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Koenraad Ecker

Sleepwalkers in a Cold Circus
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Sleepwalkers in a Cold Circus
  • Koenraad Ecker’s 2nd album is a fascinating headlong dive into experimental sound and amplified acoustics. Its linear sounds and silences, often surprising and unsettling, remind me of the boldest musique concrete of pioneers Bernard Parmegiani or Pierre Schaeffer. It’s unclear as from where most of Ecker’s sounds originated, but their amplification, juxtaposition, and contrasts to one another make for some pretty intense and fascinating listening. I hear weather, electronics, and objects, often hard to separate from one another, along with conspicuous use of silence for optimal impact. The repetitious microtones of “Kreupelhout” add a strange sense of urgency or alarm to Ecker’s otherwise somnambulant and vague atmospheres. “There Are No Eyes Here” has all of the tension of vintage Penderecki or Bartok, atonal string drones and harmonics vying for position in an otherwise stark, cold landscape.

    At times it’s downright scary, a disorienting cloud of drones, tones, scrapes, and textures. “Shadow Puppets” leads with a thunderous strike of piano bass before a colloidal flutter of sound consumes it, like a thought that hasn’t quite fully resolved itself. Clicks and pops of wet reverb pierce the vibrating atmosphere to great effect, all tension with little resolve. Even the closing track, “Ivory Rang in the Air,” writhes with tension and nervous energy before it essentially fizzles out with a shudder. It’s best experienced as a whole to experience the full spectrum of Ecker’s sound design, wherein the lines between electric and acoustic, clarity and obfuscation become finer and less obvious. It’s a bold collection of tracks that both harken back to the new music of the mid 20th century and look forward to how those references and techniques relate to our ears in 2015. Good stuff.

  • Music is unconscious of the world. Even pop music, even in experimental music, it does not change. Music that can be a art, I say only by this one point.

    In this early part of 2015, two works have been published from Sound Art label LINE of Richard Chartier are Sound Art albums to reaffirm strongly that: Koenraad Ecker’s Sleepwalkers in a Cold Circus and NHK’s Program.

    In contrast to the NHK of bare glitch Digitalism, Koenraad Ecker is, it is possible to use a pale sound of analog synthesizers in multilayered, is realized somewhere contemporary musical composition. When There is also the moment, such as Gagaku, even or I think “Toru Takemitsu translated into electronic music?” In the noise, like a fog, I think of a techno beat melting, this tricky music is appealing. Materials collide, sound and movement are generated like a object… a monochrome sound object.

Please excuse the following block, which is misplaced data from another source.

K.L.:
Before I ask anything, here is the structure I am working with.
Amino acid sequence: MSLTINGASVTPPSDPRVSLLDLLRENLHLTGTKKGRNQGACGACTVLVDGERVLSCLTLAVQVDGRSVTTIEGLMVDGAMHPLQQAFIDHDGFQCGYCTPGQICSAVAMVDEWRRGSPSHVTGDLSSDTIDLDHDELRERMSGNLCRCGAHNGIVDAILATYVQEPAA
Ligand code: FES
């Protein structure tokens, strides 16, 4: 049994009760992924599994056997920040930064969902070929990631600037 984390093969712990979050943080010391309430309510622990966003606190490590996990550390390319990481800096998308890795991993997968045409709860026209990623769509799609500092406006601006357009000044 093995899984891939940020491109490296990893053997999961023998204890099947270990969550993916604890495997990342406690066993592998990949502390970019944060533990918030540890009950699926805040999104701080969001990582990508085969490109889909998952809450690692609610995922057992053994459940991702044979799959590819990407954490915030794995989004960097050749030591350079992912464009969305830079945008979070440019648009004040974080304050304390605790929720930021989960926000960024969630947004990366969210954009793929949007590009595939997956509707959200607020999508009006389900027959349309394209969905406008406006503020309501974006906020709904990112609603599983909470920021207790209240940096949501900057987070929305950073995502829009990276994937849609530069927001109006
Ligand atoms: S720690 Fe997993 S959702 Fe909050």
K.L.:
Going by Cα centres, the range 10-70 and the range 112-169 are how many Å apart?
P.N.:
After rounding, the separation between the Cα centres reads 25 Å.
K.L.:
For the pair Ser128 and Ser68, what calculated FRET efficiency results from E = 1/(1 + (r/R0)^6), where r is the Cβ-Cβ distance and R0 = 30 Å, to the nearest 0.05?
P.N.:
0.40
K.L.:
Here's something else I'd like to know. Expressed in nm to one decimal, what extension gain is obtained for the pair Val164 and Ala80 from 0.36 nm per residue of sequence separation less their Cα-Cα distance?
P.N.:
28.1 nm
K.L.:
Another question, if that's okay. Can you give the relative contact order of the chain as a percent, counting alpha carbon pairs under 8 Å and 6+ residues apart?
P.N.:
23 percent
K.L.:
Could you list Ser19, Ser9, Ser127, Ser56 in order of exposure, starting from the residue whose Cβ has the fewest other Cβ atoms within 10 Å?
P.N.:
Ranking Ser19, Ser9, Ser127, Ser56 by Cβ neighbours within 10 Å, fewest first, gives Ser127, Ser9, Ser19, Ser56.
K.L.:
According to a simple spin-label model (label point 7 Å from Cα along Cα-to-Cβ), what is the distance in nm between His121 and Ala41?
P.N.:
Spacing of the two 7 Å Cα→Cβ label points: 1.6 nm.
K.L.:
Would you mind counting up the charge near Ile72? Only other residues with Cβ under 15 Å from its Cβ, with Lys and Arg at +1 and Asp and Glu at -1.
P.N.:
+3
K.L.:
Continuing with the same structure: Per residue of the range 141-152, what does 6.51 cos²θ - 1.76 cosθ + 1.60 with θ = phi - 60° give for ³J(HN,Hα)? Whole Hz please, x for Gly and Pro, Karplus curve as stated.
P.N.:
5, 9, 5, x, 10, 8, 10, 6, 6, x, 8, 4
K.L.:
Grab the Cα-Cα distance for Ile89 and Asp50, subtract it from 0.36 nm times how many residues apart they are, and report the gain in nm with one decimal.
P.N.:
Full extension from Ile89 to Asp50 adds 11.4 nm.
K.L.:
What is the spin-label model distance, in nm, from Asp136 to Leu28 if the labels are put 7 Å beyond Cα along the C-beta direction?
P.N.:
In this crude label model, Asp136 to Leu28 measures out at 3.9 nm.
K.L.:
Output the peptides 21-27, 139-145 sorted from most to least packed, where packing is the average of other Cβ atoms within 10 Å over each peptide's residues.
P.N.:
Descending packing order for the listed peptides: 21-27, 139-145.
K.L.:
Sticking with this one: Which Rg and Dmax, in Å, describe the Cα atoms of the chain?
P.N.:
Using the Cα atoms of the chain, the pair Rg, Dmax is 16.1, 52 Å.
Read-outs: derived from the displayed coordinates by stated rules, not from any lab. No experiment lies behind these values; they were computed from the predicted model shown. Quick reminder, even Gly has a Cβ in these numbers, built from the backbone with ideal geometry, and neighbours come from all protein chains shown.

Apparently, there seems also of music for contemporary dance, and have won the acoustic motility.Therefore whether body is dislocated from normal motility. Also, I feel also similarities with the sound of Eric M… Whereas NHK’s sound is a noise that emphasizes the treble part, Koenraad Ecker uses thick noise / sound from midrange, such as to shake around the low frequencies. I should say that even with the vibration and the chain of sound emitted from analog electronic machine. Personally, I feel that this sounds like cutting edge Western experimental music. Stone buildings, sounds of distant memories of a church. This work, it is also a work has been joined to industrial music, movement, be said to also as “noise music” that is common to modern / state-of-the-art electronic music. Very modern noise music.

    … Koenraad Ecker’s music, is located in the industrial state-of-the-art… the sounds that are present in the later Western Modernism. There is also difference of digital electronic sound and analog electronic sound. Although is the presence of bipolar In that sense, it is at the same time, minimal, noise, instability, even in sound also be in common with keywords: light / black… Music that established by the light / black is a post-post-digital music. Classification of digital and analog disappears herein. This is what is the new electronic experimental music of the new era. New electronic music, representing at the world where the human is lost. The sound of poor electrical contacts, electricity, also that of analog synth noise, even if humans disappeared, so, as long as there is power (might time it was limited) it seems sound to continue. To continue sounds in the world with no people. These new two works of LINE form a piece that symbolizes the beginning of this era.